The Philippine Islands have the world’s greatest concentration of unique mammalian diversity—more than 220 species are now known. Much of what we know about this exceptional fauna has developed in recent years through a combination of old-fashioned field research and modern genetic studies. Rare events, including rafting from the Asian mainland beginning about 15 million years ago, have allowed several groups of small mammals to diversify greatly, producing many highly distinctive animals that occur nowhere else. Join Dr. Lawrence Heaney, Curator of Mammals at the Field Museum of Natural History, as he documents diversity in an unknown landscape and the role of natural history museums in preserving that biodiversity in A World Apart: Mammalian Biodiversity on the Philippine Islands.
A Visitor from Alaska
Wyoming possesses a beauty so alluring even eagles from Alaska come to see it. This past month, we received an email from Dr. Carol McIntyre, Wildlife Biologist at Denali National Park and Preserve. Dr. McIntyre has been monitoring Alaska’s golden eagles for more than 30 years! Some of the eagles Dr. McIntyre captures are fitted with satellite transmitters, which provide data about the eagle’s movements. This is particularly helpful in understanding the movements of migratory raptors like the golden eagle. Last year one of her eagles flew down from Alaska to spend the winter near Meeteetse. This year, that same eagle has returned. In another year or two, this bird should reach reproductive age, if it survives that long. Migratory birds are highly susceptible to land use changes. Dr. McIntyre’s work in tracking migratory birds shares a direct relationship with Dr. Katzner’s research to determine the origin of mortally wounded birds and the monitoring efforts of the Draper’s Bighorn Basin population.
Building the Beetle Bungalow
For the majority of their life with the Draper, dermestid beetles lived in temporary offsite accommodations. In April, we received matching grants from the Nancy-Carroll Draper Charitable Foundation and The Edelweiss Fund to construct an onsite dermestarium facility at the Buffalo Bill Center of the West. This standalone structure enables us to more efficiently prepare specimens in our natural history collection. Did you know the Draper has over 600 birds, 400 mammals, and 6,000 plants representing fauna and flora of the Greater Yellowstone Ecosystem?
With grants finalized and arrangements with contractors established the beetle bungalow project began to take shape. Located onsite at the Center of the West, the structure that is to become the new dermestarium was set into place. The next steps for this unit are to insulate it, hookup electrical and plumbing, and prepare the space and the bugs for their forever home. During construction, our beetle colony has been making themselves at home in our Curator, Nathan Doerr’s, garage! We’re ecstatic for the new addition, for both the beetle’s and Nathan’s sake!
We hope to be up and running by the Spring of 2021 with this new and exciting addition to the Draper Natural History Museum. To all of the staff and contractors that helped make this possible (especially our hard-working and flexible Facilities crew), we thank you!
An Interview with Draper Natural History Museum Curator, Nathan Doerr
Nathan Doerr, Willis McDonald IV Curator of Natural Science, was the most recent guest on The M Files podcast! Tune in here to hear how Nathan has carved out a niche for himself and find out what Nathan means about the “work he has to take home”. Hint: it just might make your skin crawl!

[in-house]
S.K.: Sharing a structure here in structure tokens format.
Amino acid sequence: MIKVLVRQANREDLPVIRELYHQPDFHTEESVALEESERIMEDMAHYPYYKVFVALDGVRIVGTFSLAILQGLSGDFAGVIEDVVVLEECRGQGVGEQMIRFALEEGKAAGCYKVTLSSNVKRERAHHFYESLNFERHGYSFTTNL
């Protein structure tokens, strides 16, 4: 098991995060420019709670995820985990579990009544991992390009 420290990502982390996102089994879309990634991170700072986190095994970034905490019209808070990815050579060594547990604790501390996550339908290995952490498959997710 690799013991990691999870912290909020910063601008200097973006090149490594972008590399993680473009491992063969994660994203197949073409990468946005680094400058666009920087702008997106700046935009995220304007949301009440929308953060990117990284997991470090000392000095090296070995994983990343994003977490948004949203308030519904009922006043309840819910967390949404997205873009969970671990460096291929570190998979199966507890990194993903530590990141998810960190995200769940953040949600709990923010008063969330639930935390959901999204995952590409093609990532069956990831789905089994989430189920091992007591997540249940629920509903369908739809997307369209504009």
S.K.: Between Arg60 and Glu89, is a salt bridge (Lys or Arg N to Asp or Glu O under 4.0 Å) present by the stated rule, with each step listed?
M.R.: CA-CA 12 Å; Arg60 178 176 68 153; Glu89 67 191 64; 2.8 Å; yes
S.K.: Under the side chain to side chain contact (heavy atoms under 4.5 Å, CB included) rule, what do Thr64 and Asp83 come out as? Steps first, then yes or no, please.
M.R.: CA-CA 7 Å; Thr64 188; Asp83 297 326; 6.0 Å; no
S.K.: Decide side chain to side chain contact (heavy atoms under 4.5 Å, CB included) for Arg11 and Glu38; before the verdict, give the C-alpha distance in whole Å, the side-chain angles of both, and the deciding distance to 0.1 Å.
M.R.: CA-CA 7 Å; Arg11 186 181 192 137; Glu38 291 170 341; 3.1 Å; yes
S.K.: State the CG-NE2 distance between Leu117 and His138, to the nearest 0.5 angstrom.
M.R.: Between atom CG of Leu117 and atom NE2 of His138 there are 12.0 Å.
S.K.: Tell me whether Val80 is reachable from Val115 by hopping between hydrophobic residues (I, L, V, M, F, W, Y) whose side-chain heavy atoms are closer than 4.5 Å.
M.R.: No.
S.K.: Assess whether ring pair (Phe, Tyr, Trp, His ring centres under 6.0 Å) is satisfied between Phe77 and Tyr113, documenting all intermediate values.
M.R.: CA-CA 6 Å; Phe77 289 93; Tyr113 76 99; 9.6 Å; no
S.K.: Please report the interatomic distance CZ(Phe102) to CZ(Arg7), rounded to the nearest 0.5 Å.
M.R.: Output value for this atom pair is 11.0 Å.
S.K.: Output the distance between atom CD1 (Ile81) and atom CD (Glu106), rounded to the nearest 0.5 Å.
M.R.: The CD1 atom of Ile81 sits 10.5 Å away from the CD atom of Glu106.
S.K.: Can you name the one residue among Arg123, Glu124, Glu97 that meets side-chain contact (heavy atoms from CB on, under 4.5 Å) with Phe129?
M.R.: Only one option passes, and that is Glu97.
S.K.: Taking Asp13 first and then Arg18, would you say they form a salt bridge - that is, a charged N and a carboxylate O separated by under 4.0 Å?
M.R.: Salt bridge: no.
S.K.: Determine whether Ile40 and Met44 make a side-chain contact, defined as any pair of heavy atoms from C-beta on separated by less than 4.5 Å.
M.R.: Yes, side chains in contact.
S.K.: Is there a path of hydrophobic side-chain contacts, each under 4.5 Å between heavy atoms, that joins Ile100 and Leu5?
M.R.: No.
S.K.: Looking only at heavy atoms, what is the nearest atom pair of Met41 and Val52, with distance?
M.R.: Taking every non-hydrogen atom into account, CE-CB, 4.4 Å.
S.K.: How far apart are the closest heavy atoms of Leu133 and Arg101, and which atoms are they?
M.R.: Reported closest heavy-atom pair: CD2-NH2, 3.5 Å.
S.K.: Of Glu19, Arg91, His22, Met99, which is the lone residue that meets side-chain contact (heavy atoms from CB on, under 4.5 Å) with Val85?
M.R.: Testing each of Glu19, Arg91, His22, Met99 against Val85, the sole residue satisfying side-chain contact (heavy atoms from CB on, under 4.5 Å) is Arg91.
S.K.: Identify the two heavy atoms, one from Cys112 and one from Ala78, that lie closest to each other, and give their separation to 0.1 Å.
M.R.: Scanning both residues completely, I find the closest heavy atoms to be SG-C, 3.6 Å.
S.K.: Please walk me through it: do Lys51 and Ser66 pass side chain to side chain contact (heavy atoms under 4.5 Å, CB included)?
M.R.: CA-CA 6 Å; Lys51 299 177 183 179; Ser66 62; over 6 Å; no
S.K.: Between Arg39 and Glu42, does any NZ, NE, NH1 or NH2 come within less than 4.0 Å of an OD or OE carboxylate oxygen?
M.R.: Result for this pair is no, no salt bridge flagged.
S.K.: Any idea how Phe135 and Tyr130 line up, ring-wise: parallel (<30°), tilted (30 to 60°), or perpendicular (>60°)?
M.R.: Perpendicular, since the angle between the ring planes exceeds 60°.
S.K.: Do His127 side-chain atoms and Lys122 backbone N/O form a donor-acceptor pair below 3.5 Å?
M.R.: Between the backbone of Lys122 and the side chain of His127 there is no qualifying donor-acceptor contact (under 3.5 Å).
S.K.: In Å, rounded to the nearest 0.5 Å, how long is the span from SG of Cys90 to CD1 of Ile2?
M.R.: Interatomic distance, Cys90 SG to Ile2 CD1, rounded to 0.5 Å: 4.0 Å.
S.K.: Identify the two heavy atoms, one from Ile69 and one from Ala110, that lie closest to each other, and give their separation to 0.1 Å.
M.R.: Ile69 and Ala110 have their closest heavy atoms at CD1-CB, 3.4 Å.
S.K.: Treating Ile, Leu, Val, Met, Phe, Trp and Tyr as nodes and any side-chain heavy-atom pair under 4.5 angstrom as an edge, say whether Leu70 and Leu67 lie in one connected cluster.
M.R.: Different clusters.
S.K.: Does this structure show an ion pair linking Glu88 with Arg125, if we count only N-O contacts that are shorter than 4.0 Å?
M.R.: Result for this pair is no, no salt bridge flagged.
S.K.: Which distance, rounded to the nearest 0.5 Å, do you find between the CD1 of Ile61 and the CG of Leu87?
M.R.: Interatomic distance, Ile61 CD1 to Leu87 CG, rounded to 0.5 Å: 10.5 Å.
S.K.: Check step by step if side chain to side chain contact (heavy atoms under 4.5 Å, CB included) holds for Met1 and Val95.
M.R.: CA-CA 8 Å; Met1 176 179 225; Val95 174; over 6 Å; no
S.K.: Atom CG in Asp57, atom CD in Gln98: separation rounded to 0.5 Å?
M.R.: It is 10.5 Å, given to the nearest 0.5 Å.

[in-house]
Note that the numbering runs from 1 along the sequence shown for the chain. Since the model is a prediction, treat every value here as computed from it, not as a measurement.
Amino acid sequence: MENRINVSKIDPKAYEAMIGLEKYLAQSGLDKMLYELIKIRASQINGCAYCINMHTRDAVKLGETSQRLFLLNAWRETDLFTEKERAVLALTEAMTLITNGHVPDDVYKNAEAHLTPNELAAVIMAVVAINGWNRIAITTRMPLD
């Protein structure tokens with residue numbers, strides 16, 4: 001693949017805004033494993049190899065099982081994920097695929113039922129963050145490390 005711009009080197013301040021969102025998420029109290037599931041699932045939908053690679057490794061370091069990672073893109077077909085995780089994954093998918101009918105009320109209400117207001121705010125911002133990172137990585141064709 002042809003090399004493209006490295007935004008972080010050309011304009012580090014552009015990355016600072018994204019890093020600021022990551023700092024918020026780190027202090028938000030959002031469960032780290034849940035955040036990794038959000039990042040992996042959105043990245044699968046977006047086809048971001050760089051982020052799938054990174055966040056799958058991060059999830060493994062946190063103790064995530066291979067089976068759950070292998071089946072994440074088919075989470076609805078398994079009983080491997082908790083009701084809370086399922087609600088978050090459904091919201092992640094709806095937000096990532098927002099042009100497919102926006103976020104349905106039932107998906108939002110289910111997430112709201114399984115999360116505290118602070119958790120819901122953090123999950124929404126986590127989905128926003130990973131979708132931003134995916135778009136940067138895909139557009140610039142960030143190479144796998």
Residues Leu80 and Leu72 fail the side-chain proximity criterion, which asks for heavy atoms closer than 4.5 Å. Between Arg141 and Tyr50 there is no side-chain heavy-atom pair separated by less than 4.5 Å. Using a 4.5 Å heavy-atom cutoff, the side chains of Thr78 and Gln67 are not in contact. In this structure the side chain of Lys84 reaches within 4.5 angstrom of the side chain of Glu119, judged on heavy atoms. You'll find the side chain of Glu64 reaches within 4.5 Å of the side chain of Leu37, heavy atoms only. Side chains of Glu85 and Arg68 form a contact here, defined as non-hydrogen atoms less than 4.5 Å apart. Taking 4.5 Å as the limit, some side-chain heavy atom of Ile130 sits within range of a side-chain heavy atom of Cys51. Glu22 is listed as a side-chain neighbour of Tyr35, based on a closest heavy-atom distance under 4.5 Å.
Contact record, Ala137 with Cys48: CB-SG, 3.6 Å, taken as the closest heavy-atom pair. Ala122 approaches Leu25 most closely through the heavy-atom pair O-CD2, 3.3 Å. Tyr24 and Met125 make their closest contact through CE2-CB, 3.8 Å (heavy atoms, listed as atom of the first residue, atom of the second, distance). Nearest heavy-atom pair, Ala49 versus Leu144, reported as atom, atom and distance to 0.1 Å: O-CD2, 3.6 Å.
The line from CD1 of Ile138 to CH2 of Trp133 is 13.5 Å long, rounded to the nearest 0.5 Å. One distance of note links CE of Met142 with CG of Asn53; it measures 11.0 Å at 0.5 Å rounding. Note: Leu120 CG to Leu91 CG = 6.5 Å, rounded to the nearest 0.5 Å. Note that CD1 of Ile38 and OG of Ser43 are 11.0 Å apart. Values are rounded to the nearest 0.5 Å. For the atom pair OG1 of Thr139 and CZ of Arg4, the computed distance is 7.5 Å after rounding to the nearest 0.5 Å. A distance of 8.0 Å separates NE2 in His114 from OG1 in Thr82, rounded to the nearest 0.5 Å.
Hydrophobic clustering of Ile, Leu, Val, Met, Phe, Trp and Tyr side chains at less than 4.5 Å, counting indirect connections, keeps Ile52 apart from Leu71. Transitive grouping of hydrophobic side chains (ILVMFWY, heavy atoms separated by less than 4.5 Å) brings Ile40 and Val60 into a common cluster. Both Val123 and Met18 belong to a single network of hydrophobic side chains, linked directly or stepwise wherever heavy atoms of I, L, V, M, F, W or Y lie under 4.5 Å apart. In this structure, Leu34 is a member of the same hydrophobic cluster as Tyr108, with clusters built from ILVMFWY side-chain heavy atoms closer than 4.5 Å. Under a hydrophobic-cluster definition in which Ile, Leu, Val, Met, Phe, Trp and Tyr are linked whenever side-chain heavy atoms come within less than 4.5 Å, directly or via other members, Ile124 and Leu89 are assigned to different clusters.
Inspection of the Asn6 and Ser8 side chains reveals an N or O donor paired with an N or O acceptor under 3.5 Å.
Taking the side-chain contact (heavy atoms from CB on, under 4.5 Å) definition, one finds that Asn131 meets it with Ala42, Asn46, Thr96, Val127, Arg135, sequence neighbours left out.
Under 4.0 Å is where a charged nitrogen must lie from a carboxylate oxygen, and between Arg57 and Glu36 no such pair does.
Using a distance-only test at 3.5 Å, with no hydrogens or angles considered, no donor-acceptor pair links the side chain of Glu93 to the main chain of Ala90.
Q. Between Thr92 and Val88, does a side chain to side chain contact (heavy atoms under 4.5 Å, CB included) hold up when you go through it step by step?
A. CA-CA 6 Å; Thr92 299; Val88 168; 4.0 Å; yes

Lunchtime Expedition Lecture: Ecological Shifts in the Greater Yellowstone
Shifting climate trends have far and wide reaching impacts. From the earlier or later emergence of wildflowers to the change in migratory patterns of Yellowstone’s wildlife. In the 1970s legendary biologist Frank Craighead began frequent observations on the seasonal timing of ecological events in what is now Grand Teton National Park, including when wildflowers sprout leaves, bud, flower and fruit. This study is known as phenology. Frank used these notes to write the popular book, For Everything There is a Season: The Sequence of Natural Events in the Grand Teton-Yellowstone Area. Nearly 50 years later, Trevor Bloom, Community Ecologist for the Wyoming Chapter of The Nature Conservancy, has built on this legacy to compare modern phenological events to his historic data. Trevor presents the startling results of this research in his presentation entitled For Everything There Was a Season: Retracing History Reveals Ecological Shifts in the Greater Yellowstone.
Looking Ahead to 2021
In 2020, Draper and Center staff had to rethink the presentation of many of our programs and exhibits. With a larger emphasis on virtual and online programs and several modifications to our exhibits and galleries we strive to continue being your go to resource for everything educational and ecological about the Greater Yellowstone Ecosystem. Whether you’re a seasoned local or a first-time visitor, we hope that your time at the Draper Natural History Museum and the Buffalo Bill Center of the West helps you to get the absolute most out of your trip to Yellowstone Country. From the alpine meadows and cirques of the Absaroka and Beartooth Ranges to the sagebrush sea of the Bighorn Basin there is an entire world awaiting your curiosity. Before you take your first or next trip into nature we invite you to tour the Alpine to Plains/Basin Trailhead at the Draper Natural History Museum, visit with our staff, and get up close and personal with our Raptor Program’s Educational Ambassadors.